Archive for the ‘sports’ Category

A few of you guys will probably laugh.  You shouldn’t.  This guy’s got heart:

He was a state qualifier as a wrestler in Ohio a few years back.  Not adapted wrestling; he competed with everyone else.  Yup.

There will be an abnormal practice schedule on Thursday.  Everyone will practice from 1-3.  So: Frosh-soph guys, you get out at the same time as usual. JV/Var guys get out at 3 instead of 5.  We have a guy coming in to photograph practice.

Sat lineup for Laguna Hills tournament: same as it was for Trabuco Dual.  Bus and start times on schedule.

Capo did an awesome job last night, winning 57-12 over Trabuco Hills.  Mr. Uribe, once again you stole the show!  Win or lose, you have a habit of doing that.

Here’s a little blurb from a local conditioning expert on “mind over matter.”  Food for thought:

I was on my knees gasping for air, crawling around the gym floor. I was breathing so hard my breath was blowing the dust on the ground, which I could see very clearly so close. I never noticed it before, and did not care that I was dragging me knees through it.

Aris was talking about the kid that was standing by watching,… Toddler age, playing with a ball, but for a second: staring, wondering why there was a grown up crawling around on the ground like he was looking for a place to die.

I was already in a position that I am rarely in, and  I didn’t like it. I was forced to be on my hands and knees because I could not stand. My legs were so exhausted they gave out after set 5. And I for darn sure wasn’t going to lay down, …. or get on my back. But for now I had to deal with being on my knees, all my focus was on trying to breath, and get the heck up.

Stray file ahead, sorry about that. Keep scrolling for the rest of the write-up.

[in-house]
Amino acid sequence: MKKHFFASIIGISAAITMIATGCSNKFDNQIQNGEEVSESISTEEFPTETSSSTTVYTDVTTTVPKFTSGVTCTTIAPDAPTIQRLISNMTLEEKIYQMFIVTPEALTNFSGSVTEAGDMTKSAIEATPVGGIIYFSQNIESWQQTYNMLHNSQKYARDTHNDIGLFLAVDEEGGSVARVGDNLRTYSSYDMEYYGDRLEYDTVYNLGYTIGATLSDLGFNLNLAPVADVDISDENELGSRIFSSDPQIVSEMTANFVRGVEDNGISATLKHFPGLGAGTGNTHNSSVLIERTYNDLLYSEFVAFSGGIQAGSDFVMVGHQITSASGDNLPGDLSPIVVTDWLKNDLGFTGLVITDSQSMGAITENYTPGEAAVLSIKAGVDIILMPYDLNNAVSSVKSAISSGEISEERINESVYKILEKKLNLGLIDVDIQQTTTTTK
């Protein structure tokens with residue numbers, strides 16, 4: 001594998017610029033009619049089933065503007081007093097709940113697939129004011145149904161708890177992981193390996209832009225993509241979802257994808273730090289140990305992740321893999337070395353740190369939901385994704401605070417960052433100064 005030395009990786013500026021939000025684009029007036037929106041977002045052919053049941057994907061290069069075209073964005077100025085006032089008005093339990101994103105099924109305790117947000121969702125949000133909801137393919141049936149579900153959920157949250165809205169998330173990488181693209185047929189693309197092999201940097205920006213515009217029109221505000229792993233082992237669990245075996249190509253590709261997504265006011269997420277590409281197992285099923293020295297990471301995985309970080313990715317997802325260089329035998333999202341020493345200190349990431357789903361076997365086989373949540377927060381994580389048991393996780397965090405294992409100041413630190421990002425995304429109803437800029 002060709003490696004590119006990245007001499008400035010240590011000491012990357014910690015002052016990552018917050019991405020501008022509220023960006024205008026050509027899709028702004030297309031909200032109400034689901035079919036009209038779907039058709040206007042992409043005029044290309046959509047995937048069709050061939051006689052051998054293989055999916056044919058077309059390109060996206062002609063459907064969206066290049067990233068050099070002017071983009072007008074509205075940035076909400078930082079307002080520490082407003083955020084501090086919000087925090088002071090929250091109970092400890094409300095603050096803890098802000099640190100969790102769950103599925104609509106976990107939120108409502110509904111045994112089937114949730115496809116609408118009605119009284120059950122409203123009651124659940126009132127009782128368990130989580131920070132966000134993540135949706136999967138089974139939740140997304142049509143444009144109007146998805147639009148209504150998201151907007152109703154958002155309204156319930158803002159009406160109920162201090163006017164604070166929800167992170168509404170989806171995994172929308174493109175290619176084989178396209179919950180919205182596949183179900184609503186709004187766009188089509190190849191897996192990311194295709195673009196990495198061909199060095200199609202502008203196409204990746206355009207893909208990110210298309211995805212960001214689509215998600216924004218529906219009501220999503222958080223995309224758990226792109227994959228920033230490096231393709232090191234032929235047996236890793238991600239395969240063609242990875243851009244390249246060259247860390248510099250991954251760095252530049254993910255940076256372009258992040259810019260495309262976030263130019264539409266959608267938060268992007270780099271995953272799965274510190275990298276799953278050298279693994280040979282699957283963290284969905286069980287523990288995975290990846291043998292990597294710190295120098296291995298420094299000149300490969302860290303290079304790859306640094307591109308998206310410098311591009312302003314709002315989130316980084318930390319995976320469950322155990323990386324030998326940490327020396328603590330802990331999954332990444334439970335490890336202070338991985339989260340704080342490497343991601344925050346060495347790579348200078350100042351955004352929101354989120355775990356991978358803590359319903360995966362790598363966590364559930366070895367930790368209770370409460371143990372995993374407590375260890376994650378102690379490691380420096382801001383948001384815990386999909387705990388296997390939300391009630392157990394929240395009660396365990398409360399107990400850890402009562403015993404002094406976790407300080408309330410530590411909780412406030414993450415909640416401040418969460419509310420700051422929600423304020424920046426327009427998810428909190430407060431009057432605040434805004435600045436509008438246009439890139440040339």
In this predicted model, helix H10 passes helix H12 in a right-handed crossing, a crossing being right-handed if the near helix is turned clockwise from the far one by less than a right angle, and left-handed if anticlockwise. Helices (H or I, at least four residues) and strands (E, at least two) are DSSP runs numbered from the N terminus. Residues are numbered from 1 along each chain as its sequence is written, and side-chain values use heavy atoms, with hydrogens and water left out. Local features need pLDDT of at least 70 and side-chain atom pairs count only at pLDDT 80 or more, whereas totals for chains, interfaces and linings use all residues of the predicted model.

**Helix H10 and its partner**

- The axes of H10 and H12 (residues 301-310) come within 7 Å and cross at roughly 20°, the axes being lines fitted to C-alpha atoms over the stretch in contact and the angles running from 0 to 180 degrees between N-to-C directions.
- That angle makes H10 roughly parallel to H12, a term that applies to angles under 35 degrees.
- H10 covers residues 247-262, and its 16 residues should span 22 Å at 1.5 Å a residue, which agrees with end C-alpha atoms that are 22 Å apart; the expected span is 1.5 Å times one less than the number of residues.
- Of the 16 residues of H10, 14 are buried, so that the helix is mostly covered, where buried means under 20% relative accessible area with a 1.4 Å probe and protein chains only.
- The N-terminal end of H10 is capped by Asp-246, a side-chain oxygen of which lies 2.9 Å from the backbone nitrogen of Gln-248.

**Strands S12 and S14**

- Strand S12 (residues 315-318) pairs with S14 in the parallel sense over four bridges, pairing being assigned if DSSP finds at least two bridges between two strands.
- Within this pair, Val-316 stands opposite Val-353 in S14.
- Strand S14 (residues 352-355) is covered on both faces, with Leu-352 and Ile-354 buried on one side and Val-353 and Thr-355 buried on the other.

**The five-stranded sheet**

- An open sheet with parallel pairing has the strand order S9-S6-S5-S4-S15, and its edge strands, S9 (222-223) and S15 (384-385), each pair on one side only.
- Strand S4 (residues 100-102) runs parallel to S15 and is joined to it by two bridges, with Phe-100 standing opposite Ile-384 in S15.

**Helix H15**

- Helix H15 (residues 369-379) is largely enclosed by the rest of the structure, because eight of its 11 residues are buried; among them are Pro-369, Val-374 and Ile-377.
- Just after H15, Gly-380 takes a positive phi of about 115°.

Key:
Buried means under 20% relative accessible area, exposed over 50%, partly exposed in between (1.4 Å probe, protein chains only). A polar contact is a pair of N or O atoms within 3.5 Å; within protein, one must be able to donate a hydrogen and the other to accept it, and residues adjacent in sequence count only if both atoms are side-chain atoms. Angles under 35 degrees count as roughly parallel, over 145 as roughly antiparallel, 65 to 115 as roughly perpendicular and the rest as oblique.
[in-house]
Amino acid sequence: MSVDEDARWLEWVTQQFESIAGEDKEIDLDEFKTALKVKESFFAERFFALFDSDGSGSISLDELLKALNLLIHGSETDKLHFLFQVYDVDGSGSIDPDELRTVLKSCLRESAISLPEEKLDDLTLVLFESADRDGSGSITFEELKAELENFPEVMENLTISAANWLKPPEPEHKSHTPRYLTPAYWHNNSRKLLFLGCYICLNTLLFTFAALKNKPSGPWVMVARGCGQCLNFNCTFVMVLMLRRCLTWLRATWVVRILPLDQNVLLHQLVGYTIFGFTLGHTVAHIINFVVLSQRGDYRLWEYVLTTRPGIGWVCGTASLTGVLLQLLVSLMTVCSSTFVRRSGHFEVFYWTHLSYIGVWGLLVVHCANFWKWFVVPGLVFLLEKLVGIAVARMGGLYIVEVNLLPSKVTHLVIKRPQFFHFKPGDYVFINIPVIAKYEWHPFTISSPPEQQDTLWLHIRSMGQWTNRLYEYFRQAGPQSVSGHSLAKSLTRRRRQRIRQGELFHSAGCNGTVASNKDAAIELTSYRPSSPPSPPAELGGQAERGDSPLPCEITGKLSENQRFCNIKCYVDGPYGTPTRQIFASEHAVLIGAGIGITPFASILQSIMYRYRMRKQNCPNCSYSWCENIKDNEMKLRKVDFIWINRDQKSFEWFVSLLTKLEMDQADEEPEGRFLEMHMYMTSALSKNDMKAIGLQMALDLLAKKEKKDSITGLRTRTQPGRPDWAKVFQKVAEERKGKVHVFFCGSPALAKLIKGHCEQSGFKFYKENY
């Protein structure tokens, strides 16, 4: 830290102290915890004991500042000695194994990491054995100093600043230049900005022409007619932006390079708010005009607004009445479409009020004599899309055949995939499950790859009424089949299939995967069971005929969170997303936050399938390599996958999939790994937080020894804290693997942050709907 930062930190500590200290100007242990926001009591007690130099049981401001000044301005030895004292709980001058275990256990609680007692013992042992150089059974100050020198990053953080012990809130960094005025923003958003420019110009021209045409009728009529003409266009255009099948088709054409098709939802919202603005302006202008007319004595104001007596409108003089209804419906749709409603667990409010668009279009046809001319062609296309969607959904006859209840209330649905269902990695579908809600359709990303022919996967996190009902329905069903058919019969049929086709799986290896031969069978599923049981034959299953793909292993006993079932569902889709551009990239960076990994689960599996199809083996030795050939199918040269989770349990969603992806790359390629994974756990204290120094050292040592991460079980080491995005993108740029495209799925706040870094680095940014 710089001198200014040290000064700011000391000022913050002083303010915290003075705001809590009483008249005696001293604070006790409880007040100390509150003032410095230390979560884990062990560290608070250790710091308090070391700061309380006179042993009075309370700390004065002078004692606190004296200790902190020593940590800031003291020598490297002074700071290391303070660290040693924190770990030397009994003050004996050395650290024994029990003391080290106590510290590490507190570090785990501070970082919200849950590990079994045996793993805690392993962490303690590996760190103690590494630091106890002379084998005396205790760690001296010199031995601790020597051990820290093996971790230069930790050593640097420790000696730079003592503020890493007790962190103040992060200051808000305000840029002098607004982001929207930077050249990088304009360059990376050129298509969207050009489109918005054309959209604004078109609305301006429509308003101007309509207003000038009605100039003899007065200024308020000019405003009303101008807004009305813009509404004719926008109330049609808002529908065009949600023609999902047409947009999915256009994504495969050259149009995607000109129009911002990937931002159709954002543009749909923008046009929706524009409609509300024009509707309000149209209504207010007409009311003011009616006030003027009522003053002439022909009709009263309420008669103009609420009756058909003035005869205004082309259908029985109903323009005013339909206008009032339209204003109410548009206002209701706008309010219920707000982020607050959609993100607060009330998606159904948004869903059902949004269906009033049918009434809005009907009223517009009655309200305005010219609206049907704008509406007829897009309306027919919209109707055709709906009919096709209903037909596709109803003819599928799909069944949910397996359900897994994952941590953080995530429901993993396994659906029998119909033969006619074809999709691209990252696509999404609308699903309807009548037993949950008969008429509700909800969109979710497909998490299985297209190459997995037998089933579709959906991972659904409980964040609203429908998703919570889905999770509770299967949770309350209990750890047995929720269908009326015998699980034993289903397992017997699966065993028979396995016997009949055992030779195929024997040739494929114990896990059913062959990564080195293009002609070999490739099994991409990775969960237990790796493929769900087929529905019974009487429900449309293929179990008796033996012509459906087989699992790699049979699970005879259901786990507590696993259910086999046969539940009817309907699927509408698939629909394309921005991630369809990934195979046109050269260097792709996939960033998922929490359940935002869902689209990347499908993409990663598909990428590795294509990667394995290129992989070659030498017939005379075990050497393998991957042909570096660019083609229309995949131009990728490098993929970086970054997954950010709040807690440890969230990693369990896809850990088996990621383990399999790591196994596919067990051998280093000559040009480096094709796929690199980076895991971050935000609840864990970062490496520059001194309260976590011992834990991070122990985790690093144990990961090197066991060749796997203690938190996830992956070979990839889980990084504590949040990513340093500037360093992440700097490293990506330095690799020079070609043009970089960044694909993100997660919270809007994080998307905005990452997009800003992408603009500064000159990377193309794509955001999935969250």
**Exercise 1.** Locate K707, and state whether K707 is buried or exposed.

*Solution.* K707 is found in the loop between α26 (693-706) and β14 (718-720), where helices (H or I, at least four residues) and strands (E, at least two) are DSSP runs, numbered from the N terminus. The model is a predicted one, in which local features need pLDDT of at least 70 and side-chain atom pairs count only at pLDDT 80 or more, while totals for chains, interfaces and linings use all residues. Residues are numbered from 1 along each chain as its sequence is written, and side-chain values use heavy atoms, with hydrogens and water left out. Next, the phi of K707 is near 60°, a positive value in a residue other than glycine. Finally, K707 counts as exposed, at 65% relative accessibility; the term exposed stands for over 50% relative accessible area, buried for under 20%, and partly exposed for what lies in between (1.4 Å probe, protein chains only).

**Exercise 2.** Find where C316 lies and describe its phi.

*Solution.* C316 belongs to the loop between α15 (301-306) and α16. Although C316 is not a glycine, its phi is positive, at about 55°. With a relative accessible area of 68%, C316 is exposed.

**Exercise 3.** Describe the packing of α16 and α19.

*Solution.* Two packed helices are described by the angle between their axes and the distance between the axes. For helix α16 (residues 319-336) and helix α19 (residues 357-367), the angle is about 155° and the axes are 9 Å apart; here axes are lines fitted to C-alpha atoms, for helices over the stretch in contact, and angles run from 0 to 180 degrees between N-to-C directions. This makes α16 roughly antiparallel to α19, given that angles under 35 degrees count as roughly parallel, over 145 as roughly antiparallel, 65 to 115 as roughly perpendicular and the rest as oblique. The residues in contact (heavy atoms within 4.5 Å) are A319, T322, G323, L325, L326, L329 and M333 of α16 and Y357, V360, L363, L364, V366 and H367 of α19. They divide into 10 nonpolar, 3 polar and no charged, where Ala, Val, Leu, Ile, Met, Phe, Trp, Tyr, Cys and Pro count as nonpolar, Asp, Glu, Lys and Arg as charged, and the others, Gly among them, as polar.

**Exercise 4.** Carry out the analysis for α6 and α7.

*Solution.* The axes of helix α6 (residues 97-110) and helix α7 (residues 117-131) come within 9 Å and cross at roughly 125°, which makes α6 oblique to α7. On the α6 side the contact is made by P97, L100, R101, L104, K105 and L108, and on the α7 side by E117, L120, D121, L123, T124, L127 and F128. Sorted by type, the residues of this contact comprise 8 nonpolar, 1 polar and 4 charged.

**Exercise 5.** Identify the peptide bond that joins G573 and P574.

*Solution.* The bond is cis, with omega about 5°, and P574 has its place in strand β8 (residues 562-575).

I had one more set to go. I was already sore when I went to workout on Monday, and then did a long workout with heavy weights,…. now six sets of Prowler Sprints with 1 min rest in between each. This was my first experience with The Prowler. It is an unrelenting machine that will stop moving if you do not push it hard enough.

I was warned about this. I was told that I would come to a point of failure. But I wasn’t going to let that happen.

So there I was, not able to stand, and still had to perform one more set down and back with the thing that smoked me so bad I couldn’t stand.

But I had 30 more seconds to rest.

Was 30 seconds enough to recover enough to push this thing to the end of the parking lot and back? I don’t know.

What I did know is that 30 seconds was enough time to allow me to stand up. It was enough time to stand up, and get myself out of this surrendering position I was in. I would then put myself in a posture of power. And from that position I would conquer the task.

That was my plan. I was going to let my body tell me what is possible.

With ten seconds left I got up, put my chest up, shoulders back and approached the prowler. My posture gave me energy. Before I even started with the last set I knew I was going to finish. And I did,… and what is crazy is that I felt better after set 6 then I did after set 5.

There is a whole lot to be said about the mind body connection. It is very apparent that what we think manifests itself…. But sometimes we can put our bodies in positions of power to manipulate who we feel about the environment we are in.

We had a few Capo wrestlers place over the weekend: Geoff Mellor placed 2nd and John Badger 3rd at the San Clemente Rotary tournament on the Frosh-soph team, while Juan Hernandez placed 5th, Christian Hauser 4th, and Matt Grovom 7th on varsity while at the ASICS Southern California Challenge.  Good job fellas!

This is Matt’s first tournament placing of the year; he is turning on at the right time!  Zane Coley, one of our JV standouts, also wrestled tough at the varsity tournament.  He garnered two wins, showing great heart by coming from 6 down and pulling off a last second win to make it to the second day.  In addition, Jamey Goddard took great steps of improvement as well; he won four matches, and he had to display some gumption and determination to pull through in a few of them.  Keep taking steps–it’s all about peaking at the right time!

This week’s “Courageous Cougar” is Mike Davis.  This guy showed up to practice this week and outworked just about everyone.  During conditioning, he smoked the whole team, making it look easy.  He is also one of the freshmen that has chosen to double up on practice by going to the Frosh-soph and upper level practices back to back.  Keep up the good work, buddy!

Don’t let the “pretty boy” smile fool you; this kid’s an animal.